In an ongoing series, we asked our authors various questions regarding their processes, and one of the most important is what inspires them to write. We asked this of our signed, Noir/Thriller author, and this is what he told us…
How do you do all that? It’s the very first question people ask me when I tell them what I do, both professionally and personally. Professionally, I own a small business and I sit on the Board of multiple organizations. In addition, prior to the Pandemic, I travelled thirty weeks of the year to facilitate business meetings. Personally, I am an author, an artist, and trying my very best to be a husband and a father. My answer is simple enough; frequently, I fail. Yet, somehow, I always manage to pick myself back up again and then try to be the very best that I can, at all of it. There’s no shame in admitting that you have failed, after all, you can’t measure progress unless you employ failure as a benchmark. And truth be told, that is the secret of life and, by extension, writing: admit that you will fail, but always get back up and then try again.
With the schedule that I have to keep, finding time to write is difficult. It may be three in the morning, or three in the afternoon, when I can finally sit down at my keyboard and start typing away the words of my latest story. Sometimes it may take days, or even weeks, before I can get back to that place in my life. But even when I can’t physically write, I’m always writing in my head. The ideas, the words, the directions of my story are constantly in motion. As a result, I am able sit down again and pick up where I left off without trying to recapture that particular moment in time.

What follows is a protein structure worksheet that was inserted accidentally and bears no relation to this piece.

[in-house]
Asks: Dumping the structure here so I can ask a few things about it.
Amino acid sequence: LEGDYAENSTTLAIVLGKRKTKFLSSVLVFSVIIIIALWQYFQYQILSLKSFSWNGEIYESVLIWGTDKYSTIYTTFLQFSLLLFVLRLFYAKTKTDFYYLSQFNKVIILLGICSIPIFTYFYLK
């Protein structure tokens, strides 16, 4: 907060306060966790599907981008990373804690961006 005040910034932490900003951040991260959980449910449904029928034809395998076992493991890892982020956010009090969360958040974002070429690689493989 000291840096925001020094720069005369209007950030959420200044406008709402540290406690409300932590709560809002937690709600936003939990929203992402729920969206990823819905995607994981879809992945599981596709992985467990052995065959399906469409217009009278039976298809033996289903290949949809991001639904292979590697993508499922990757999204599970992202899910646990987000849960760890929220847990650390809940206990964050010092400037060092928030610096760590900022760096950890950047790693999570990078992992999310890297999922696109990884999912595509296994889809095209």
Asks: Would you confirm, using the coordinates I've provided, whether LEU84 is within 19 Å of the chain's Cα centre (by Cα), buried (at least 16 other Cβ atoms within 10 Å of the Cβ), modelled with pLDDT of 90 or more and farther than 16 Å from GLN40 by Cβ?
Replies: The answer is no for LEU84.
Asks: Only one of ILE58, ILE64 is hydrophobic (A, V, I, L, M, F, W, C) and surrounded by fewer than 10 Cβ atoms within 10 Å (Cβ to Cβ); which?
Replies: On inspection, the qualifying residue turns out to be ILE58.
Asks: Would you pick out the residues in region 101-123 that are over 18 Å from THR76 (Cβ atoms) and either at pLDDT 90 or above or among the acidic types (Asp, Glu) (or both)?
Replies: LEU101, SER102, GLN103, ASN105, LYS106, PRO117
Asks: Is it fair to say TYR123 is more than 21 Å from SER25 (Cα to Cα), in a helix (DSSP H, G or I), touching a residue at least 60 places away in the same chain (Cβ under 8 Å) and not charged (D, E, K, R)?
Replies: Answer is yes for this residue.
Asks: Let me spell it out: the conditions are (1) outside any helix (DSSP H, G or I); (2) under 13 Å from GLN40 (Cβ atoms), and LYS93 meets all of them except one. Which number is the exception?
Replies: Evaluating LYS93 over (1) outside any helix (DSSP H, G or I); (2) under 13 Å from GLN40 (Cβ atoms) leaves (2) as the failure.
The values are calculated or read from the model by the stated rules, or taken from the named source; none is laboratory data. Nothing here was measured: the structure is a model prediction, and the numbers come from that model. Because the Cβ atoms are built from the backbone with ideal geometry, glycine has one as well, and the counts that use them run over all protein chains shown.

People will sometimes ask, what is your inspiration? Ever since the beginning of time, mankind has wanted…no, demanded to tell a story. Some stories were created to explain the weather, other stories to explain the landscape around us, and still other stories served to elevate us from this thing that we call life. And in this regard, I suppose that I am no different than all the other story tellers that came before me. Life is my inspiration, it is my classroom, it is where I absorb the lessons of the everyday and then reimagine it to make unique stories told with a distinctive voice.
--Henry D. Trett